As I headed for my car I wondered what I had gotten myself into. Not one single boy had so much as looked at me, and I was starting to wonder why I hadn’t just stayed in Home Economics, where I could have learned to bake cookies and gotten an easy A without the burden of writing daily journal entries about a bunch of children who did not know or care about my existence. I was wrong again.

The next day their little faces looked at me when I walked in the door, but they soon resumed their games of basketball and toy cars. On Wednesday they began to warm up to me and curiously wander towards my corner. By the last day of the week a little boy named Chandler ran up when I arrived and said, “My Anna is here!” Needless to say, by the end of my first week working with those seven boys, I was in love.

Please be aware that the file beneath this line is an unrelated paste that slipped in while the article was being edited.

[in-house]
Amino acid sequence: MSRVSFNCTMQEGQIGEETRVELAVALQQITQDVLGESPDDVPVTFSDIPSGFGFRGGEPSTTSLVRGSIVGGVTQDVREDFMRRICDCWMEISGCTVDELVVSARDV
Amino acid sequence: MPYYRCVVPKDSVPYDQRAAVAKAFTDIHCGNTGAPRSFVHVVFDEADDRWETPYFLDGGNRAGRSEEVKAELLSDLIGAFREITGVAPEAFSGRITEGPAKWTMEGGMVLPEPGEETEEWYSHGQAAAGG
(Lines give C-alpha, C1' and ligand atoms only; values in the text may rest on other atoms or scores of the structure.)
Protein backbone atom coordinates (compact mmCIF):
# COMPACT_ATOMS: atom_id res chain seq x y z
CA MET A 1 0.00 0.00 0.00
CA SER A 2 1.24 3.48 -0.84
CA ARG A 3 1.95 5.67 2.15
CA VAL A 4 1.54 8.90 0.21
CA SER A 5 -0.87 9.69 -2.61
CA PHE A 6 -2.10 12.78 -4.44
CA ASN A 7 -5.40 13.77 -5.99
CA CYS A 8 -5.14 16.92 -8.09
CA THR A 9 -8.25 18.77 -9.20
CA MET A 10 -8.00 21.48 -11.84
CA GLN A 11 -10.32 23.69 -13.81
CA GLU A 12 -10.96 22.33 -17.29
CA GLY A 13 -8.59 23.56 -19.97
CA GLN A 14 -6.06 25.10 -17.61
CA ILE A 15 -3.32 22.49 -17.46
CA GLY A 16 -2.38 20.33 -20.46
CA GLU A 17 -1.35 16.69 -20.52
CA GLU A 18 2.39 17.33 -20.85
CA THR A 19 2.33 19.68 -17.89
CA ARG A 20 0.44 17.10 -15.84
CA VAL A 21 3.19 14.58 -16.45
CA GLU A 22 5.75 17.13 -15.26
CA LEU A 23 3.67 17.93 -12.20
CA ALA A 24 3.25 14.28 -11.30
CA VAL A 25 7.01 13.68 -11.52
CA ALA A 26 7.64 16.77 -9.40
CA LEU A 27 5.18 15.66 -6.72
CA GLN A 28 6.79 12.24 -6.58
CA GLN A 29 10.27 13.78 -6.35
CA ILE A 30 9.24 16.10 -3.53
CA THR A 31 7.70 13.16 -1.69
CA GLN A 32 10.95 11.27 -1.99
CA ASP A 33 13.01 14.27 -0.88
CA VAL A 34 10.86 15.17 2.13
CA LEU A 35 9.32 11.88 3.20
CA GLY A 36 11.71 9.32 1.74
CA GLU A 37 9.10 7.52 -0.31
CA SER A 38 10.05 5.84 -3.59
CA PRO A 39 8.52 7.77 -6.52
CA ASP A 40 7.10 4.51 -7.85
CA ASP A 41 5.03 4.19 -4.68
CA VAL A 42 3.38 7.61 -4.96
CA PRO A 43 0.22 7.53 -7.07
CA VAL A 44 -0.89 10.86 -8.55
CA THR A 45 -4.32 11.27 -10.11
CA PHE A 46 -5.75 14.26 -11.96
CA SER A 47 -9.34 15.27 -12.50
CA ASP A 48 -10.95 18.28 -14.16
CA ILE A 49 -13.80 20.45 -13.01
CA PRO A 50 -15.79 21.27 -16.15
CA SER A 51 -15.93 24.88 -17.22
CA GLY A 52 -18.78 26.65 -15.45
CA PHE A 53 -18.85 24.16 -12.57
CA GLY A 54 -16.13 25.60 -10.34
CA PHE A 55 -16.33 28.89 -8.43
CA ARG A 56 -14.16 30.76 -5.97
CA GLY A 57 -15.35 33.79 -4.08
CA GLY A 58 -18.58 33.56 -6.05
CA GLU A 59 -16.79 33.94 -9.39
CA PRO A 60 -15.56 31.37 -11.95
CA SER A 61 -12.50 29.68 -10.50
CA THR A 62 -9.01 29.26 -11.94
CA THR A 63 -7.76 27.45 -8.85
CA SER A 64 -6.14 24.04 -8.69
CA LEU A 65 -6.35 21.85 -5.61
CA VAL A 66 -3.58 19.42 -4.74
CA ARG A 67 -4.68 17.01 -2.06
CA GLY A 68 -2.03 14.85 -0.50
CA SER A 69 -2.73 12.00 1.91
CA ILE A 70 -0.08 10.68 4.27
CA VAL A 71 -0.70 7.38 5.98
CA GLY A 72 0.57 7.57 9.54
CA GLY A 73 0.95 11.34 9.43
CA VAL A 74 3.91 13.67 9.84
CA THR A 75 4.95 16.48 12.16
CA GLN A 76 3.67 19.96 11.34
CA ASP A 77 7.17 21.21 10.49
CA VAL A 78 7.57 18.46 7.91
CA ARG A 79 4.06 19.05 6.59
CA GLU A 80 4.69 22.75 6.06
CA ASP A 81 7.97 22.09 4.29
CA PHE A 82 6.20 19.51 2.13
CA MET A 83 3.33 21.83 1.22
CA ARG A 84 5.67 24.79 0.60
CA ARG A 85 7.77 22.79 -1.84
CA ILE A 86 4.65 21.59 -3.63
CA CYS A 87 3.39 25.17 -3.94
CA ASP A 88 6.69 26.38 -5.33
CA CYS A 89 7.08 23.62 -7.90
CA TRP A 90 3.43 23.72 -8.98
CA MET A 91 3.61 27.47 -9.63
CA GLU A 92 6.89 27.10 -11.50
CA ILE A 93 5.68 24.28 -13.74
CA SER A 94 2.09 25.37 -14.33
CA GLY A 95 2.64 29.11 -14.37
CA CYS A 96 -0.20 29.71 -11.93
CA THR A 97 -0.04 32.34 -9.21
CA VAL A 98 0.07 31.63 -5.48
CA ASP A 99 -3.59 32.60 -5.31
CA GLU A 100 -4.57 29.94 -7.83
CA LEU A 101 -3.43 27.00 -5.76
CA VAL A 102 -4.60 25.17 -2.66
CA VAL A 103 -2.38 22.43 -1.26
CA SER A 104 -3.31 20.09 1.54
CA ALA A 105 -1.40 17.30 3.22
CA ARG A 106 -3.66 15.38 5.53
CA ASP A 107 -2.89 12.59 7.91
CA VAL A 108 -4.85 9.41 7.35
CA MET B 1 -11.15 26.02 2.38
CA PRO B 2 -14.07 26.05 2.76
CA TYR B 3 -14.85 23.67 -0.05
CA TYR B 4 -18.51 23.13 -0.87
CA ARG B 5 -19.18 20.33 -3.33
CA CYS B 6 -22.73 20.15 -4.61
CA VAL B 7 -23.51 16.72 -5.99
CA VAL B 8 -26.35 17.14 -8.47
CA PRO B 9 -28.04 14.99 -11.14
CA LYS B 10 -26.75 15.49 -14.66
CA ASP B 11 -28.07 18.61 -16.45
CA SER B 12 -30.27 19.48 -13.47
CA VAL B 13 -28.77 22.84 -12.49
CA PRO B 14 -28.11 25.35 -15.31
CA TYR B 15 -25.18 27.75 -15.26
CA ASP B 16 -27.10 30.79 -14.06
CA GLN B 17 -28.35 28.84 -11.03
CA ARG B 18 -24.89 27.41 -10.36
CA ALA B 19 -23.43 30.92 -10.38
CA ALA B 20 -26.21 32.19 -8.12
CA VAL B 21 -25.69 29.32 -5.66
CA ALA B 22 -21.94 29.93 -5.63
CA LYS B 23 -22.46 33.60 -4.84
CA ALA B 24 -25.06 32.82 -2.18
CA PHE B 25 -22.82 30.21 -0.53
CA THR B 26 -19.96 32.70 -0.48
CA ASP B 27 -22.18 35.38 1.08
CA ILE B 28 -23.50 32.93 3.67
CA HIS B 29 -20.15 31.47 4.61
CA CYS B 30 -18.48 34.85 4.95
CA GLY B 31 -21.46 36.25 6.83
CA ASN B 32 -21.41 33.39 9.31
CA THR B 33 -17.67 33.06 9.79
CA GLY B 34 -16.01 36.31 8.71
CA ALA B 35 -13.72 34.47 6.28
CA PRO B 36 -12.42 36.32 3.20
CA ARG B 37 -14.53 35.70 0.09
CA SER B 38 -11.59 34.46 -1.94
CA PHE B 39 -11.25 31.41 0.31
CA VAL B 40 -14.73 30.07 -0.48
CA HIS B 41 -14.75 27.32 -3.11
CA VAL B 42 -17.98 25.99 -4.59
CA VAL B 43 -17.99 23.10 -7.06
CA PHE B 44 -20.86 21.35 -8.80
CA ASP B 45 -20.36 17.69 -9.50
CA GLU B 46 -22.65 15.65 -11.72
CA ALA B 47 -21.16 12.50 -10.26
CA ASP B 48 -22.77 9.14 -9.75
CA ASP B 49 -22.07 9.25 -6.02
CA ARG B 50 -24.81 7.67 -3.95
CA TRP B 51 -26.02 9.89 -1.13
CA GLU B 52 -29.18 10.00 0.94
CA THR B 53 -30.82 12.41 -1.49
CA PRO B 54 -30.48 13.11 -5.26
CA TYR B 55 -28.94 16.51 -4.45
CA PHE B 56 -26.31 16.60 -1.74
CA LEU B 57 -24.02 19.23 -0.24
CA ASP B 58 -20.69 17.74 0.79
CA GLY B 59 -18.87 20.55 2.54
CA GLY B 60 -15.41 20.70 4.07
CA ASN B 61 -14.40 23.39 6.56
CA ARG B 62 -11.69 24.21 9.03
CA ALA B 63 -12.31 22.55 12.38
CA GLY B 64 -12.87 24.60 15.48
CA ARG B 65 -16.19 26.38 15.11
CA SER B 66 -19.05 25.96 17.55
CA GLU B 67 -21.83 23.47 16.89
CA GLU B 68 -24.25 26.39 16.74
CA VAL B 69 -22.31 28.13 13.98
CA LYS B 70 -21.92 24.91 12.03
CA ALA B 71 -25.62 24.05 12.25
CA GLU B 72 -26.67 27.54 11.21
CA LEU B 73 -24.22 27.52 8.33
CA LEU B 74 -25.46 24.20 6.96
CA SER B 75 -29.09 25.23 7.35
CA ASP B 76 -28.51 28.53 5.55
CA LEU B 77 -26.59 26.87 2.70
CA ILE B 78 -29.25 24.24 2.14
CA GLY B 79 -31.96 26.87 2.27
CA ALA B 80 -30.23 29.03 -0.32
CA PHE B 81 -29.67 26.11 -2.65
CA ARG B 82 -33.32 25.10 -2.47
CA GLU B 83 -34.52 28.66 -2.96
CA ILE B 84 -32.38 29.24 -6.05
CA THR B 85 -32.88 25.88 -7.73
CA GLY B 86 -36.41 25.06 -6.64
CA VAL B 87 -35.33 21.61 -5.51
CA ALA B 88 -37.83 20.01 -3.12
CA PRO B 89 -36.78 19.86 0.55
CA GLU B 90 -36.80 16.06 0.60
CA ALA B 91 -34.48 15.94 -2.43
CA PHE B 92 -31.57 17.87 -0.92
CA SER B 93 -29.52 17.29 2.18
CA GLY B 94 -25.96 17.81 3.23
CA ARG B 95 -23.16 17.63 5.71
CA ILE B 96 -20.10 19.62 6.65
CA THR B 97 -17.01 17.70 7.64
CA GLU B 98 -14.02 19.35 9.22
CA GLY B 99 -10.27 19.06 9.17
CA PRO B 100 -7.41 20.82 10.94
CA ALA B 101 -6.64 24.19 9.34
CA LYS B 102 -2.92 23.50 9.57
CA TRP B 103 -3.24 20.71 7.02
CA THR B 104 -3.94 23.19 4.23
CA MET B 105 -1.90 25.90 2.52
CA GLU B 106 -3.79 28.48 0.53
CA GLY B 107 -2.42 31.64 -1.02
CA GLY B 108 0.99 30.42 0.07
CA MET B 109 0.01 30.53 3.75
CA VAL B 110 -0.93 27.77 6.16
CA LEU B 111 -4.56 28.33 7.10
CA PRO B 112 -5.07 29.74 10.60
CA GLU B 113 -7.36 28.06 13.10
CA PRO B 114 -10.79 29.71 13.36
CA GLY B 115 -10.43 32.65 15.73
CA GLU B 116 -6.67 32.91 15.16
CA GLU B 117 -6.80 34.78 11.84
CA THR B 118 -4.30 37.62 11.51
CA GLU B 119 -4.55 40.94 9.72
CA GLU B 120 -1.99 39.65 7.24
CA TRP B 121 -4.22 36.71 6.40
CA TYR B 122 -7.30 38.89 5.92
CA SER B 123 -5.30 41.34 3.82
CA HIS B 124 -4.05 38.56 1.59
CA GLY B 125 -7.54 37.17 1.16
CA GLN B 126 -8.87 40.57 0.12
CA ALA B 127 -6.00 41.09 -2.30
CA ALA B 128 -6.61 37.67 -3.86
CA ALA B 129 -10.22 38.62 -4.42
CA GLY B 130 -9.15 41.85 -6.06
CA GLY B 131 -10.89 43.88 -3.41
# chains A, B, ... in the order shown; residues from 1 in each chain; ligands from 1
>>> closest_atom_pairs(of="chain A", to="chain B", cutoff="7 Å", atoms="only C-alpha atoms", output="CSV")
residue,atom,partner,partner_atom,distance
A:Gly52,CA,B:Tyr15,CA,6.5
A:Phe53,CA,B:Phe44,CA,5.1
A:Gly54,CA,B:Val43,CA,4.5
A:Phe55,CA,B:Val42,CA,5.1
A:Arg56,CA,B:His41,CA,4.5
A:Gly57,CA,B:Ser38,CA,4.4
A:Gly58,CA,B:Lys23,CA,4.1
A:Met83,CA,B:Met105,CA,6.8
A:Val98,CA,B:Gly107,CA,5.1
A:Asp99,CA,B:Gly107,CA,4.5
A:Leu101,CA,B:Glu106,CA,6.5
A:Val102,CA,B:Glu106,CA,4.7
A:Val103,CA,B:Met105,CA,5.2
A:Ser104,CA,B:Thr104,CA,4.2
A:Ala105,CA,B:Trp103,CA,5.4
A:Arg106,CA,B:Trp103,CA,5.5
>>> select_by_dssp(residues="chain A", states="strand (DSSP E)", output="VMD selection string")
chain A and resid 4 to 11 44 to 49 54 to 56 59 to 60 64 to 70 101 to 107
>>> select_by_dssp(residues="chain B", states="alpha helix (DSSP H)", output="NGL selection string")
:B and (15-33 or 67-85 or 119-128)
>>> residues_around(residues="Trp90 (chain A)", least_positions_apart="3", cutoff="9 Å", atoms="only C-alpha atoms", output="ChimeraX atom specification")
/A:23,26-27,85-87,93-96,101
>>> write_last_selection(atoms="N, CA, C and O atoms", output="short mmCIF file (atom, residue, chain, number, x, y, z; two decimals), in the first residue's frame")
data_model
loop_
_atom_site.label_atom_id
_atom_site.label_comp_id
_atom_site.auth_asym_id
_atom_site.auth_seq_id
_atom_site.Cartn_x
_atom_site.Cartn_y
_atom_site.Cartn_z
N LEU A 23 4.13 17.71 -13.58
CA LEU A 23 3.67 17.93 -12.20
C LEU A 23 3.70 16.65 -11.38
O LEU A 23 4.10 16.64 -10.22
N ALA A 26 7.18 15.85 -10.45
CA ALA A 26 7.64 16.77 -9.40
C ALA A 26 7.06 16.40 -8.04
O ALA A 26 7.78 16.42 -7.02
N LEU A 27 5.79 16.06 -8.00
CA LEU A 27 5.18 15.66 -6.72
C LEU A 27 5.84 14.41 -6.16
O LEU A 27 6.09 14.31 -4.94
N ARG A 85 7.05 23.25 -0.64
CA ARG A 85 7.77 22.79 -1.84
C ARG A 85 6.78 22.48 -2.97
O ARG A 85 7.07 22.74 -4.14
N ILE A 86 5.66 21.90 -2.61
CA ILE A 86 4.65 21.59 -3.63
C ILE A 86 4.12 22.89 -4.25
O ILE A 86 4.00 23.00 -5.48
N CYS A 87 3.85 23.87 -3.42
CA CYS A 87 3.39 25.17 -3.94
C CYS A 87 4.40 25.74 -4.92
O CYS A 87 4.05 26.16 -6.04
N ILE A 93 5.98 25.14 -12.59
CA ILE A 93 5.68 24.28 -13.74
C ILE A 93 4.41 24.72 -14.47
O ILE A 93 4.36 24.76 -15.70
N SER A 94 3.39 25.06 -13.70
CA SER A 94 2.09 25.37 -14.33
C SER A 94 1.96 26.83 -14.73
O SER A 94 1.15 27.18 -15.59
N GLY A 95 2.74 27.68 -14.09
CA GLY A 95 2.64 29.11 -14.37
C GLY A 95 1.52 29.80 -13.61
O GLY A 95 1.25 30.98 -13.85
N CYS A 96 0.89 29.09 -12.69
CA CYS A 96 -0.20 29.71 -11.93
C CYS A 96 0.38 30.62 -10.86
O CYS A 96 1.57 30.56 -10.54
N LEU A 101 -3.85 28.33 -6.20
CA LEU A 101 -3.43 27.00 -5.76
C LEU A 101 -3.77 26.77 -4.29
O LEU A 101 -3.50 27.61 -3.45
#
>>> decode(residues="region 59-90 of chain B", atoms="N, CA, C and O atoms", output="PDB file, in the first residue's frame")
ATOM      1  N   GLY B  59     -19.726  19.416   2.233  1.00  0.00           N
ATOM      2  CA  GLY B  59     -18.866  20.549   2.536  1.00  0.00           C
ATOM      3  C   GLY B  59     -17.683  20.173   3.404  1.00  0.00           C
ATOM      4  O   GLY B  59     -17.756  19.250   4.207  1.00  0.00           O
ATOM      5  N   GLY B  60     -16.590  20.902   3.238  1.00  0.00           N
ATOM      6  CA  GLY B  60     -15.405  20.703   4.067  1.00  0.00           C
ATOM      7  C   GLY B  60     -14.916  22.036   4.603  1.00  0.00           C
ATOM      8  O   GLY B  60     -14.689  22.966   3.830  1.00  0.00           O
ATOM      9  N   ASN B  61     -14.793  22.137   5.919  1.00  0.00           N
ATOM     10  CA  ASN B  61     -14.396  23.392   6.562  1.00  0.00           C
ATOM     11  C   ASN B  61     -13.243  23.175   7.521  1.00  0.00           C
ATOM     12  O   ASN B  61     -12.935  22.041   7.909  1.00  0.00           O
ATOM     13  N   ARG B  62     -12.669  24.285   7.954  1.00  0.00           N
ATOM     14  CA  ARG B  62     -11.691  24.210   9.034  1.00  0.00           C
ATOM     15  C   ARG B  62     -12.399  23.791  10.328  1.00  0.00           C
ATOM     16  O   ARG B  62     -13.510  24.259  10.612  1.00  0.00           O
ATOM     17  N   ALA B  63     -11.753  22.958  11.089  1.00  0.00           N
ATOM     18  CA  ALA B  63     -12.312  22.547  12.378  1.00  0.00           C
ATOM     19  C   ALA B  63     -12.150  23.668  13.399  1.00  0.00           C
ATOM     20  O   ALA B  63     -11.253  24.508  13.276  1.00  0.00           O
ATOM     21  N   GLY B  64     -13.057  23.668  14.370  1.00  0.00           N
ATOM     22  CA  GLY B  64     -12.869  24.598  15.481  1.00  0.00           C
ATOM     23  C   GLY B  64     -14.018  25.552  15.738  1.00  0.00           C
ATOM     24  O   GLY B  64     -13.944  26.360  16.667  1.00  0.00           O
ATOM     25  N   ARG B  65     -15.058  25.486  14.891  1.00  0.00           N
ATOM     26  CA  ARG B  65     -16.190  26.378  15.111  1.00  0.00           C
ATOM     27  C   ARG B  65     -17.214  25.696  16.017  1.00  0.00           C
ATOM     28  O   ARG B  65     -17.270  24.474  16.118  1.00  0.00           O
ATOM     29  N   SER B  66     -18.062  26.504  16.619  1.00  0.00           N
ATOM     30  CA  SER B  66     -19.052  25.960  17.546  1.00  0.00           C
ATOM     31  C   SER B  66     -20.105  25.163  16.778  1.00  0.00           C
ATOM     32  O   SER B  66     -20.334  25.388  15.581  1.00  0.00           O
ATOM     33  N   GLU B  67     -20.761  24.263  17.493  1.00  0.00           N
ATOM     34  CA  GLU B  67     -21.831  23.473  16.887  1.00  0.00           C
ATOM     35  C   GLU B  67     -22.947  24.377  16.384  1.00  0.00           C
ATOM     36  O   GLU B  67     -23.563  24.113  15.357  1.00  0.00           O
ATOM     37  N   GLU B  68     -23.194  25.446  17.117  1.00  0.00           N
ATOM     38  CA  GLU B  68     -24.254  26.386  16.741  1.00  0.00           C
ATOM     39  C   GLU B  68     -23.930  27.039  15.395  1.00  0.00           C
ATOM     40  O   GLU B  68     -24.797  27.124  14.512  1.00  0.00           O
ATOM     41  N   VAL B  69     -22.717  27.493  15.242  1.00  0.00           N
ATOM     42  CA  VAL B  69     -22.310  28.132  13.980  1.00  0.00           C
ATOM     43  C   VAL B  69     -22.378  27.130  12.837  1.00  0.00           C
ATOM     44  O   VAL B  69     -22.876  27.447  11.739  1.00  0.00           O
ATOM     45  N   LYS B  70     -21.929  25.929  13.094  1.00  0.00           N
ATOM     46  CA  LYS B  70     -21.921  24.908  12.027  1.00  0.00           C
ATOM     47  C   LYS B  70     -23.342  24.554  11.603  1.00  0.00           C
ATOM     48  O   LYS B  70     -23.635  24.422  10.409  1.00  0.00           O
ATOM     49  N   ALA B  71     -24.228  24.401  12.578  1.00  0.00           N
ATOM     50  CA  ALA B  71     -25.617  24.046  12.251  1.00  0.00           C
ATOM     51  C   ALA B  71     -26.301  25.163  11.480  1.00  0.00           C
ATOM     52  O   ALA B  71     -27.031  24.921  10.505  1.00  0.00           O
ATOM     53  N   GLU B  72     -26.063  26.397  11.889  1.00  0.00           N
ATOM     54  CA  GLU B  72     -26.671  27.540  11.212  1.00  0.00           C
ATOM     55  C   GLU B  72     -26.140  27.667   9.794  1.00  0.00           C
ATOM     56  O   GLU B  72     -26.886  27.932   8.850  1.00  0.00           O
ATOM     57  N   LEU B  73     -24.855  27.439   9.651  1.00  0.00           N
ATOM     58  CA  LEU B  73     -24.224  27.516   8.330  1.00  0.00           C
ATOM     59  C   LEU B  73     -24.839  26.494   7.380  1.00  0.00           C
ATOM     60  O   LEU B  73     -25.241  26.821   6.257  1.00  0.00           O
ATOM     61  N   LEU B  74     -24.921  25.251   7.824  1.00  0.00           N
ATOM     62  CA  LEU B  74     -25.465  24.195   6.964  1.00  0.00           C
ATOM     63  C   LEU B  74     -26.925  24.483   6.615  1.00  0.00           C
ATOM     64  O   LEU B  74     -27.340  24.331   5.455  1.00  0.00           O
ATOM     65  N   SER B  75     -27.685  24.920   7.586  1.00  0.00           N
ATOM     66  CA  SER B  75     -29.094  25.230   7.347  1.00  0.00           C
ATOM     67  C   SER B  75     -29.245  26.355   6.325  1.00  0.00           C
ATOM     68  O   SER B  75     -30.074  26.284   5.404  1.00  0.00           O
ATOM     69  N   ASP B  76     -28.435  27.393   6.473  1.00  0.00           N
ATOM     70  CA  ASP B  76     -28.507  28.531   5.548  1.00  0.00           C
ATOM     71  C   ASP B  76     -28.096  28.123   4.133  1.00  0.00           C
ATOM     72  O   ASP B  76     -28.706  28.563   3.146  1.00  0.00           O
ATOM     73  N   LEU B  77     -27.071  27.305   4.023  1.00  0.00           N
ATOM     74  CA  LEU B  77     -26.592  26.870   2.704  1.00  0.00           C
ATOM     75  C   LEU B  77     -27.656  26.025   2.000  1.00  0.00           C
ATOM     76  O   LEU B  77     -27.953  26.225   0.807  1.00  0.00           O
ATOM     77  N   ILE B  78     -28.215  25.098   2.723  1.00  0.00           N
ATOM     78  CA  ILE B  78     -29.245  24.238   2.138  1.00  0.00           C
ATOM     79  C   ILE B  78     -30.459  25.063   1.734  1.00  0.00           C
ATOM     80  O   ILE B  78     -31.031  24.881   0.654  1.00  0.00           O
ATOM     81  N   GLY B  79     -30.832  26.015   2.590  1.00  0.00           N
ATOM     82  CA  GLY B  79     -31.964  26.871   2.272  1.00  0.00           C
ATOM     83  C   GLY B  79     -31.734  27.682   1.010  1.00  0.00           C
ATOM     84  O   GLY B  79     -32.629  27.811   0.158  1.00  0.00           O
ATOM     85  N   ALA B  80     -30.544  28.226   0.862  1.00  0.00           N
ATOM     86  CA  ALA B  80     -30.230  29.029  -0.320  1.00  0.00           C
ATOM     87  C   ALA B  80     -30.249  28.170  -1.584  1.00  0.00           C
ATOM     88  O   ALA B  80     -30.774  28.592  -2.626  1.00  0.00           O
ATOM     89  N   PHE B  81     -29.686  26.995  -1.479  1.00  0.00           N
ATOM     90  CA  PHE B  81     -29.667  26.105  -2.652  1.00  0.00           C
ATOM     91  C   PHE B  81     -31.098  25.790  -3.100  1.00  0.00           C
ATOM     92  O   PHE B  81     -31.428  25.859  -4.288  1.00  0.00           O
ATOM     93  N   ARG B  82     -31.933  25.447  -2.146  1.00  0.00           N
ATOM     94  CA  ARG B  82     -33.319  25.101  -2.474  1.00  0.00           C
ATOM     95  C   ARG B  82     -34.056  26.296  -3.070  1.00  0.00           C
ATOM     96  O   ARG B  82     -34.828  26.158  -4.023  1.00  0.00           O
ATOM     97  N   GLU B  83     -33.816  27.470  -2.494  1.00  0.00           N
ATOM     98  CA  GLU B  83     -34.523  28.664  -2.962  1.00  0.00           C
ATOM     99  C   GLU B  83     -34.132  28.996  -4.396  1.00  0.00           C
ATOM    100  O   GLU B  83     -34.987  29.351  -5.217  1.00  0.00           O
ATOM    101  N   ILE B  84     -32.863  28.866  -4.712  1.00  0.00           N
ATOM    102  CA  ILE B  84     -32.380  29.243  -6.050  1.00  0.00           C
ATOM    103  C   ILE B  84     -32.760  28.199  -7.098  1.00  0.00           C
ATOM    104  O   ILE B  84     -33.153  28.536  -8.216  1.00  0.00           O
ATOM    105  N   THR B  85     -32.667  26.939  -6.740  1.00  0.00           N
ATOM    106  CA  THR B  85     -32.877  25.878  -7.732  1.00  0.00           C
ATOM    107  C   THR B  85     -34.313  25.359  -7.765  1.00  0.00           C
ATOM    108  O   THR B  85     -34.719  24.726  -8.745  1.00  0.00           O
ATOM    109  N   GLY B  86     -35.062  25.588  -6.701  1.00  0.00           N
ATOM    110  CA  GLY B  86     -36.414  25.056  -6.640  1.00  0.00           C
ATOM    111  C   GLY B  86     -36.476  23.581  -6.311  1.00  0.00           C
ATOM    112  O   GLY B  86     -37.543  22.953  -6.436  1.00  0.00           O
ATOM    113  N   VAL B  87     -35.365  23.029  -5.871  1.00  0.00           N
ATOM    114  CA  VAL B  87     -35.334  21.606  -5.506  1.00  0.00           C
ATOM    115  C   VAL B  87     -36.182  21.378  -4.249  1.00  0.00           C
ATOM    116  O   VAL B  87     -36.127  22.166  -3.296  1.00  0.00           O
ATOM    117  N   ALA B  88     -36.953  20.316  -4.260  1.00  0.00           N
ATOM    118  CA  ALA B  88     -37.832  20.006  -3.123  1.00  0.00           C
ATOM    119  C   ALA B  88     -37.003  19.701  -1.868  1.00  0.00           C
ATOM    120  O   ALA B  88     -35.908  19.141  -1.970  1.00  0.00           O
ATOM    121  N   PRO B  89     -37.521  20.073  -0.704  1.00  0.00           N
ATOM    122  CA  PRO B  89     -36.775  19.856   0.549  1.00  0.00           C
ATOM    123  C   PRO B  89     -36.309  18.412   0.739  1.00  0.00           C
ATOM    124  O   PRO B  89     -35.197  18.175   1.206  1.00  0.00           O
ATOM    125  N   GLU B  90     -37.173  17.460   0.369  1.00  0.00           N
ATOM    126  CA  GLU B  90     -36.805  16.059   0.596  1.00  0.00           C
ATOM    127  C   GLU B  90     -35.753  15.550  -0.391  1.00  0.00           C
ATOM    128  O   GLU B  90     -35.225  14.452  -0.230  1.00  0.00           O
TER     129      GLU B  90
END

The ice had been broken, and every week after that, I grew closer and closer to “my” kids as they opened up to me more and more. By the end of the semester when I got there each day the kids would not stay in their seats because they were so eager to greet me at the door.

When I would leave at least one child would always run after me and beg to come back to school with me. They may have had physical or mental handicaps, but I still marvel and the unbelievable grasp they had on what was really important in life.

Though none of the children were physically blind, they were all blind to outside appearances. Though none of them will ever be able to obtain a degree in psychology, they were all amazingly sensitive to the emotional needs of others. Though many people may pity them, they were some of the happiest, most joyful people I have ever known.